But it’s not just lack of external will to enforce international law that’s the problem, says Posner. States don’t comply with their human rights obligations because they can’t. And they can’t because governments are supposedly overwhelmed by their wildly proliferating obligations: “The number of human rights increased from 20 in 1975, to 100 in 1980, to 175 in 1990, to 300 today.” Later in the book, he warns us not to take his count of rights literally; indeed, a quick look at the appendix shows how misleading it is: It lists every rights statement in every treaty, without any attention to the ample overlap, elaboration, or mutual reinforcement that one finds across different treaties. For example, each criterion for a fair trial is detailed as a separate right. The right not to be tortured is listed as distinct from the right to complain about it. (Note that whenever a treaty avoids Posner’s objection that it is vague, it runs into his other gripe that rights are proliferating.) Principles of non-discrimination are triple counted across mutually reinforcing treaties. The whole counting exercise is totally orthogonal to the way law really works.
But it is not just a matter of proliferation, says Posner. The more serious problem is that you really can’t have it all. More precisely: You can’t afford it all. Rights are expensive, and budgets are fixed.
It’s an obvious point. Once again, however, Posner puts unwarranted bounds on the way we are supposed to think about rights. A large chunk of the list he presents is not especially costly—a right to privacy, a right to enjoy one’s own culture, women’s right to participate in community activities, to name just a few. That said, some are—health care, housing, education. But no one thinks the expensive items have to be achieved in the next budget cycle. And further, such rights contribute to productivity and to development; they can be expected in the medium-to-long run to contribute to the growth and development approach that Posner advocates. Finally, such a rights approach calls for a rethinking of national priorities. A treaty calling for childhood immunization can be used in a debate about the relative value of providing basic health care versus renovating the presidential mansion. The point is this: Human rights obligations are useful tools for a populace to demand more attention to basic human rights and needs than the state may be currently devoting. Posner insists rights are on a fixed budget and that advocates will have to fight it out among themselves for funding. But if there is any way to strengthen domestic demands for more humanely targeted resources, international treaties could help—and certainly cannot hurt—in making the case.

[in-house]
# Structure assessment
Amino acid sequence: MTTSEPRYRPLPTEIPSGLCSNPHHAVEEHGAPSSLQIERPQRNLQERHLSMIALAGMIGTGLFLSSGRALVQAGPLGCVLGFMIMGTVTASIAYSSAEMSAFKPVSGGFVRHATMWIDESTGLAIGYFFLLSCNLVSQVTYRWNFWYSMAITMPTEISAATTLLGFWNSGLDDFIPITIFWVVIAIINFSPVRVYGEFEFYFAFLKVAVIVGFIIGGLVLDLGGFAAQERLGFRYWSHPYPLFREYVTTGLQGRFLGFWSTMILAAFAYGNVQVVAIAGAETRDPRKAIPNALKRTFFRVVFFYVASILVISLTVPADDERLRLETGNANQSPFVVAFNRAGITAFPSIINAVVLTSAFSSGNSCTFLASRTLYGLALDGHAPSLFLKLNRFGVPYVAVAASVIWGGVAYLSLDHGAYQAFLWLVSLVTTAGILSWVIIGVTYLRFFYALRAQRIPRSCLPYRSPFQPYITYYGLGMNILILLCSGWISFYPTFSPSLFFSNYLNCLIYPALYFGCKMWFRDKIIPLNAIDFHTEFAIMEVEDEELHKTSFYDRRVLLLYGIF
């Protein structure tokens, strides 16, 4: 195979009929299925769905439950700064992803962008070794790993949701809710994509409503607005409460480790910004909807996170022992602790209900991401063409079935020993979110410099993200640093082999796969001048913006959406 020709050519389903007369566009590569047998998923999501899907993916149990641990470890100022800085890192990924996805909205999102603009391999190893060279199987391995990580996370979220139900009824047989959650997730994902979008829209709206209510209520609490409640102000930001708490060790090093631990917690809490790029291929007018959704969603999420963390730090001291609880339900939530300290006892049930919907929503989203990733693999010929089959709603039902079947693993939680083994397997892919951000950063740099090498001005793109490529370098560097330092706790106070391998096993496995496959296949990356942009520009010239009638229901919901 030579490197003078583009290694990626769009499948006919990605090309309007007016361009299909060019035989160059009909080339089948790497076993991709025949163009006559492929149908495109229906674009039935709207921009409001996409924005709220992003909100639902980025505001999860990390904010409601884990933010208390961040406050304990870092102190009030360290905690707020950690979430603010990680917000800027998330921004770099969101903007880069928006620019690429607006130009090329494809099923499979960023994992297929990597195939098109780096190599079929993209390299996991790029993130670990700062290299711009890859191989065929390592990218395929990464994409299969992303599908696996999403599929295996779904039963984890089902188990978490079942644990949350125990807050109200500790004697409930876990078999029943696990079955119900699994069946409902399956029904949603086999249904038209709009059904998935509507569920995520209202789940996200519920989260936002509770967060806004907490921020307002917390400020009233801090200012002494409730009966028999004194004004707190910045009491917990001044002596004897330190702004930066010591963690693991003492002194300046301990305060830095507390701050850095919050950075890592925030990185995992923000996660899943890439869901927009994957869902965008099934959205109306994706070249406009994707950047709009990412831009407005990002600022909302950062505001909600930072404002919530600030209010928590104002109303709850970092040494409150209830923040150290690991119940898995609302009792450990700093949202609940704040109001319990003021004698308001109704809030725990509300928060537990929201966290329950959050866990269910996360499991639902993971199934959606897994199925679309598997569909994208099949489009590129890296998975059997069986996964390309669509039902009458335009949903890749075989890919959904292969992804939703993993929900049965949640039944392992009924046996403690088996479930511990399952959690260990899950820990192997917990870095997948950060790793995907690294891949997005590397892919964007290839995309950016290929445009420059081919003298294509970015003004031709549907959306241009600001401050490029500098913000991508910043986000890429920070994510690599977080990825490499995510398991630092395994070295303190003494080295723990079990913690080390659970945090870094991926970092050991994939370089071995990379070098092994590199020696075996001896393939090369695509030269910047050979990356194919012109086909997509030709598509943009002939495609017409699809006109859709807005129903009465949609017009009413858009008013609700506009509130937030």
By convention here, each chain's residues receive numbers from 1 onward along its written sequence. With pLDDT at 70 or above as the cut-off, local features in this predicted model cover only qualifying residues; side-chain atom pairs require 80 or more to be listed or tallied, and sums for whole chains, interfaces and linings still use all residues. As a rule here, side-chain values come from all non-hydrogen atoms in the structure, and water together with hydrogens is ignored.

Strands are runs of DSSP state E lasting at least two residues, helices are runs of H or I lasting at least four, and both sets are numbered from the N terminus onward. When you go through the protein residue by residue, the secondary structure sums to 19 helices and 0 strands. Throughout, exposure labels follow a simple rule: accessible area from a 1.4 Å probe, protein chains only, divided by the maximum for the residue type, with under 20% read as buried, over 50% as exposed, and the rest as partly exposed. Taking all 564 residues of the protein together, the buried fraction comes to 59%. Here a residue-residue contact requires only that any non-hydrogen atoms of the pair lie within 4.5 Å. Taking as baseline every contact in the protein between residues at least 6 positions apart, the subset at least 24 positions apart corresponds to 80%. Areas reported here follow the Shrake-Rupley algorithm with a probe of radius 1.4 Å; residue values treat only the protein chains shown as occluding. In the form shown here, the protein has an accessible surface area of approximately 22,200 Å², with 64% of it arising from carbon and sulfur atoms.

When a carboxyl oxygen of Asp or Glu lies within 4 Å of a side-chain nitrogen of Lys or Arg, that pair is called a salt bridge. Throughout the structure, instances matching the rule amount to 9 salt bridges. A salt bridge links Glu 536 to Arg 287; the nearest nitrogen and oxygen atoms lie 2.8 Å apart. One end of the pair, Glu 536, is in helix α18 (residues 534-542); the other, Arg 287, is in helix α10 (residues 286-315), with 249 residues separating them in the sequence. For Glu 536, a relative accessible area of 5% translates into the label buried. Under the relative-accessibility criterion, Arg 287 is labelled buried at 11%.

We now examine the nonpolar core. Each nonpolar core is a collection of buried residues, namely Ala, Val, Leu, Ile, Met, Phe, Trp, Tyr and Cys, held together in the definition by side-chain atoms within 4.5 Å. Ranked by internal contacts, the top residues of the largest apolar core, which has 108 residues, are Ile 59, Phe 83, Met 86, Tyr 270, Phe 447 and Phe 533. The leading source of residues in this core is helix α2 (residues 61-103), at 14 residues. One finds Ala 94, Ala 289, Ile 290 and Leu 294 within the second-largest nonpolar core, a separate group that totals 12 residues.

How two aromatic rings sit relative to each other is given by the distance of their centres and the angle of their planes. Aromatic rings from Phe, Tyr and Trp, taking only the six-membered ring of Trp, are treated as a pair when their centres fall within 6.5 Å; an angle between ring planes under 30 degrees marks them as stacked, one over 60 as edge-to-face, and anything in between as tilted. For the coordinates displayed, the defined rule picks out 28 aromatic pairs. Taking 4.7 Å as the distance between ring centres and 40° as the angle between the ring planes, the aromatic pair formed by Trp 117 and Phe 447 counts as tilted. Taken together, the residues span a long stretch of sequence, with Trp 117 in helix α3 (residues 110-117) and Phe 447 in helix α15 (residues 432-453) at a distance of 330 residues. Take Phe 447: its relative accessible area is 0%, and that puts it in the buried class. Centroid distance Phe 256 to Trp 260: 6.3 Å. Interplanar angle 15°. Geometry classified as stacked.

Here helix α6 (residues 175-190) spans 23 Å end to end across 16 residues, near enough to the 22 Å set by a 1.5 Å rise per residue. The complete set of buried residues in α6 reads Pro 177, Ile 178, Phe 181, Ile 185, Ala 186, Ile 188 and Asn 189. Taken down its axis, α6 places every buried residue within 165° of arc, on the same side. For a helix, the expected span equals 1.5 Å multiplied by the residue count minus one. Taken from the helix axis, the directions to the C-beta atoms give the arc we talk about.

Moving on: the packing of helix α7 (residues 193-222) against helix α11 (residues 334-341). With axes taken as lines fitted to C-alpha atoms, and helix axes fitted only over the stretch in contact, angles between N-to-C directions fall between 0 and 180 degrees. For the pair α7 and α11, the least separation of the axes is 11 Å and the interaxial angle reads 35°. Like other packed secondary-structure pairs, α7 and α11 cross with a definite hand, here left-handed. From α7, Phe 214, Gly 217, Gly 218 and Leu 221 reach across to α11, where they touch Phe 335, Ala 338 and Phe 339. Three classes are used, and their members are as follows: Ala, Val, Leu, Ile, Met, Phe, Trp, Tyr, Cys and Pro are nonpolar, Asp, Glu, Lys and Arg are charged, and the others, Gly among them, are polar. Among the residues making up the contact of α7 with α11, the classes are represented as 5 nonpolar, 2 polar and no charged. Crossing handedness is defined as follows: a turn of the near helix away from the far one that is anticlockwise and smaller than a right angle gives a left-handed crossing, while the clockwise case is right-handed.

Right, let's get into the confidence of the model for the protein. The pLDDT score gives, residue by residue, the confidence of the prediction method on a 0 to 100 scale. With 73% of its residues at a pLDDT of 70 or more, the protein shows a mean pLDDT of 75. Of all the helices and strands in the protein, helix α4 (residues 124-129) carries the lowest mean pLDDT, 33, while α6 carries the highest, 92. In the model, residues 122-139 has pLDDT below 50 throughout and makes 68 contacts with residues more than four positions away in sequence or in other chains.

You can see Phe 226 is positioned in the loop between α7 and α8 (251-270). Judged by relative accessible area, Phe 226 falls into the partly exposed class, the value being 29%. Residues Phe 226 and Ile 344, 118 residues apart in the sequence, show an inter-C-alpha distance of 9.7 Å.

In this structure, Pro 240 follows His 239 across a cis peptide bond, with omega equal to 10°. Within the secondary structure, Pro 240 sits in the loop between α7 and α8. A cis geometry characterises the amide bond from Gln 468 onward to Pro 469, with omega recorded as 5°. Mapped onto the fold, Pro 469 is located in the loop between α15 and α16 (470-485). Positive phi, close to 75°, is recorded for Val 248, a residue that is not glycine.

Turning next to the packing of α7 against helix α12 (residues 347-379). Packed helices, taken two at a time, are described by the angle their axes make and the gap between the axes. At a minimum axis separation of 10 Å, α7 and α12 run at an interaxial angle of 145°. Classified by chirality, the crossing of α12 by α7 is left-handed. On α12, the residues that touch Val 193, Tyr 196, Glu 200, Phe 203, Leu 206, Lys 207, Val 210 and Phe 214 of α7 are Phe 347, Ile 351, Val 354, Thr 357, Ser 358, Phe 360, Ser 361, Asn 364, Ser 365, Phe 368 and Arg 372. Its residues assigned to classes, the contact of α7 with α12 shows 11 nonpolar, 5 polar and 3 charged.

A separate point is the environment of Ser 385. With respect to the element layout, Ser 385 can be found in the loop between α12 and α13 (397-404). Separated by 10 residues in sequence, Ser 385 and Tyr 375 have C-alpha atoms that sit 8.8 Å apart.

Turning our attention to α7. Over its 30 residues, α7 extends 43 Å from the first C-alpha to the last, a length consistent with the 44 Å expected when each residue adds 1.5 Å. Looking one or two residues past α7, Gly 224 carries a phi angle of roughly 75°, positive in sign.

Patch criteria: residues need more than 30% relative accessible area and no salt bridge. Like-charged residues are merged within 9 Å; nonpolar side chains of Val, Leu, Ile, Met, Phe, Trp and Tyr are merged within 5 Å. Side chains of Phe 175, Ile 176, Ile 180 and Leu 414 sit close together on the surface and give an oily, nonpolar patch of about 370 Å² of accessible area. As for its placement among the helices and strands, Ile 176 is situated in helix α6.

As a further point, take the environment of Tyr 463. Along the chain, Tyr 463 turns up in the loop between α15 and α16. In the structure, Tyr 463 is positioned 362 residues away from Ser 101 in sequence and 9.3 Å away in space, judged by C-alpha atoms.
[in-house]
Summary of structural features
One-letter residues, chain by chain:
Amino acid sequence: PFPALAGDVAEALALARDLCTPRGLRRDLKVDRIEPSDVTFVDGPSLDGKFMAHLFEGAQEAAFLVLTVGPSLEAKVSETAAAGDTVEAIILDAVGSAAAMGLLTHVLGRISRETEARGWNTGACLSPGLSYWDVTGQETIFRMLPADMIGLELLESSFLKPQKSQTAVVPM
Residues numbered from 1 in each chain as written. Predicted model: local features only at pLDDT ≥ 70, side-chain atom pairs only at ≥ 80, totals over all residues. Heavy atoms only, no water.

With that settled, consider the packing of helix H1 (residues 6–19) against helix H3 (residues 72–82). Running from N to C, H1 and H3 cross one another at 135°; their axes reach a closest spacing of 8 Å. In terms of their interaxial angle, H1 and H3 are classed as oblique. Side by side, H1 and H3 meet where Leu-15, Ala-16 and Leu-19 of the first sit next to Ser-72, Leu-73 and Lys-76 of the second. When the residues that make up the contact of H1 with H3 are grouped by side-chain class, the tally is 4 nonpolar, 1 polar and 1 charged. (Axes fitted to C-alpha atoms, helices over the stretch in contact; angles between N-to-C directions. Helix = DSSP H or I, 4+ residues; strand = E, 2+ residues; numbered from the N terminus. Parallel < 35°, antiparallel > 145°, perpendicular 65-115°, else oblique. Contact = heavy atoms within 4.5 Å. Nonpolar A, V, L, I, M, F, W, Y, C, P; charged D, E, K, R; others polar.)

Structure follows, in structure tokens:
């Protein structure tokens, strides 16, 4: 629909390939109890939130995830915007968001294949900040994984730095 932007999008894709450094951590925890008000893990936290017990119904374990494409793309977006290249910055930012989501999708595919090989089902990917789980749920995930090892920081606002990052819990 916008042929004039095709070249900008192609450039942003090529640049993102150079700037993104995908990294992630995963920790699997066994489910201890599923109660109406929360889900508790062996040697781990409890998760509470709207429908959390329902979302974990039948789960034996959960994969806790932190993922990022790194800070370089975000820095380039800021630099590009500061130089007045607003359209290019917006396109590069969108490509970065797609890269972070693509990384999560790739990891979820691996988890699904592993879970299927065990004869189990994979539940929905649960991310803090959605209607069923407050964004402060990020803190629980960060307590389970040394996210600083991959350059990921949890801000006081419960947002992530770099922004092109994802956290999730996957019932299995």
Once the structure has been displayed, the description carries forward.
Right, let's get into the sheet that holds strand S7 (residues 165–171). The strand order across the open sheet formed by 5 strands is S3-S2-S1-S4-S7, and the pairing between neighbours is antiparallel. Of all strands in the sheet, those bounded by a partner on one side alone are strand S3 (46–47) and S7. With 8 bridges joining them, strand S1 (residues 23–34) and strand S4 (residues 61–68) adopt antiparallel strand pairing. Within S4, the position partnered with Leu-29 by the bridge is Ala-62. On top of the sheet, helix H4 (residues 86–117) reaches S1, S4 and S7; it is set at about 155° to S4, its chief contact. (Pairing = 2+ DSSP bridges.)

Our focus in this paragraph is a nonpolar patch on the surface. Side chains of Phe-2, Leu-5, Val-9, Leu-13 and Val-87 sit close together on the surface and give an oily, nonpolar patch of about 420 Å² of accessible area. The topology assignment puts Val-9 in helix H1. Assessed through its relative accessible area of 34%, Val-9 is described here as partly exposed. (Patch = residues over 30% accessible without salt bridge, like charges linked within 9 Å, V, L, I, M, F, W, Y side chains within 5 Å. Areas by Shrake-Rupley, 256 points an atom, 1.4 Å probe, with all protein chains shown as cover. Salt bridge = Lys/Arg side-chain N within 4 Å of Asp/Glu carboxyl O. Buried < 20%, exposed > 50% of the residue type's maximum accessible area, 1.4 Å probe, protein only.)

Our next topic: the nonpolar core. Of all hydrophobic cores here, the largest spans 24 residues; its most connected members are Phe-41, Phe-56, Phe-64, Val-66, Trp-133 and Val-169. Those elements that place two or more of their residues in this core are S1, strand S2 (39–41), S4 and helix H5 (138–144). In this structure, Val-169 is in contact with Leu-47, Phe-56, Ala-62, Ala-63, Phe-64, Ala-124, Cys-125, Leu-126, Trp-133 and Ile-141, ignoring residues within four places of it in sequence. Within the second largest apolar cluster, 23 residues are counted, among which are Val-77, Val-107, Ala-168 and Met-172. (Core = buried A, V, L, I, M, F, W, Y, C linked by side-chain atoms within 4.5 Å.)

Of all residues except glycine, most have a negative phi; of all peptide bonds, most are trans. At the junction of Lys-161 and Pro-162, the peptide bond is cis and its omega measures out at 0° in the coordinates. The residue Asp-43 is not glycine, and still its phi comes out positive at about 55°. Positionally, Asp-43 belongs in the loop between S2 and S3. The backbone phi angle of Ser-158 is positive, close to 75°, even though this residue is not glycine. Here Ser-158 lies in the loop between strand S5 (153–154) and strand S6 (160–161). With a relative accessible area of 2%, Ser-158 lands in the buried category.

Reflection on the matter of how rights enforcement is funded leads to a much different conclusion than that offered in Twilight. An investment in one “rights sector” can be considered a sunk cost with positive externalities elsewhere. If a state spends money to implement fair trials under the ICCPR, then it has invested in a justice infrastructure that supports rights under the CEDAW as well. If a government spends money on transportation to get children to school to fulfill its Convention on the Rights of the Child obligations, then it is only a marginal cost to let girls get on the bus as well, in compliance with CEDAW. Many “costs” in developing a system that respects human rights are not “unit”-based (because one investment may service many people) and are not even rights-based (the capacity to investigate torture may facilitate the investigation of a wide range of unlawful detentions). Counting rights and thinking additively, rather than in terms of positive spillovers, leads to misguided conclusions.
Who is the intended audience for The Twilight of Human Rights Law? One possibility is that the book was written to disabuse legal idealists who write about “a global constitution or international bill of rights” of their high hopes. But little is new in this volume that would move the needle on sophisticated debates about the effectiveness of international human rights law. Rather, the book seems to have been written for an audience that is new to the debate altogether. The language is simple, the examples “truthy.” Posner leads his readers patiently, if tendentiously, through the history of international human rights law and the institutional lay of the land. But it is precisely the less initiated who should be most wary.
I recommend reading Twilight, but doing so with a critical eye. Consider the counterfactuals. Are rights “no better respected” than they were in the 1800s? The 1930s? The 1960s? Are we at the twilight because “good” states like the United States, Canada, Australia, New Zealand, and most European countries are “far from perfect from a human rights perspective”? “Not perfect” is hardly a damning criticism of law’s effects, at any time or place. Also, ask about evidence. Legal scholars are known for hobbling their prose with dense footnotes. Posner’s book is relatively free of this tendency. Even when you might love to know where some of the information came from—30 million people are forced against their will to do work?—this book does not distract readers with sources or citations. Most importantly, ask about where the book is silent. What are we missing in this account? High noon may appear as twilight if we refuse to remove our dark glasses.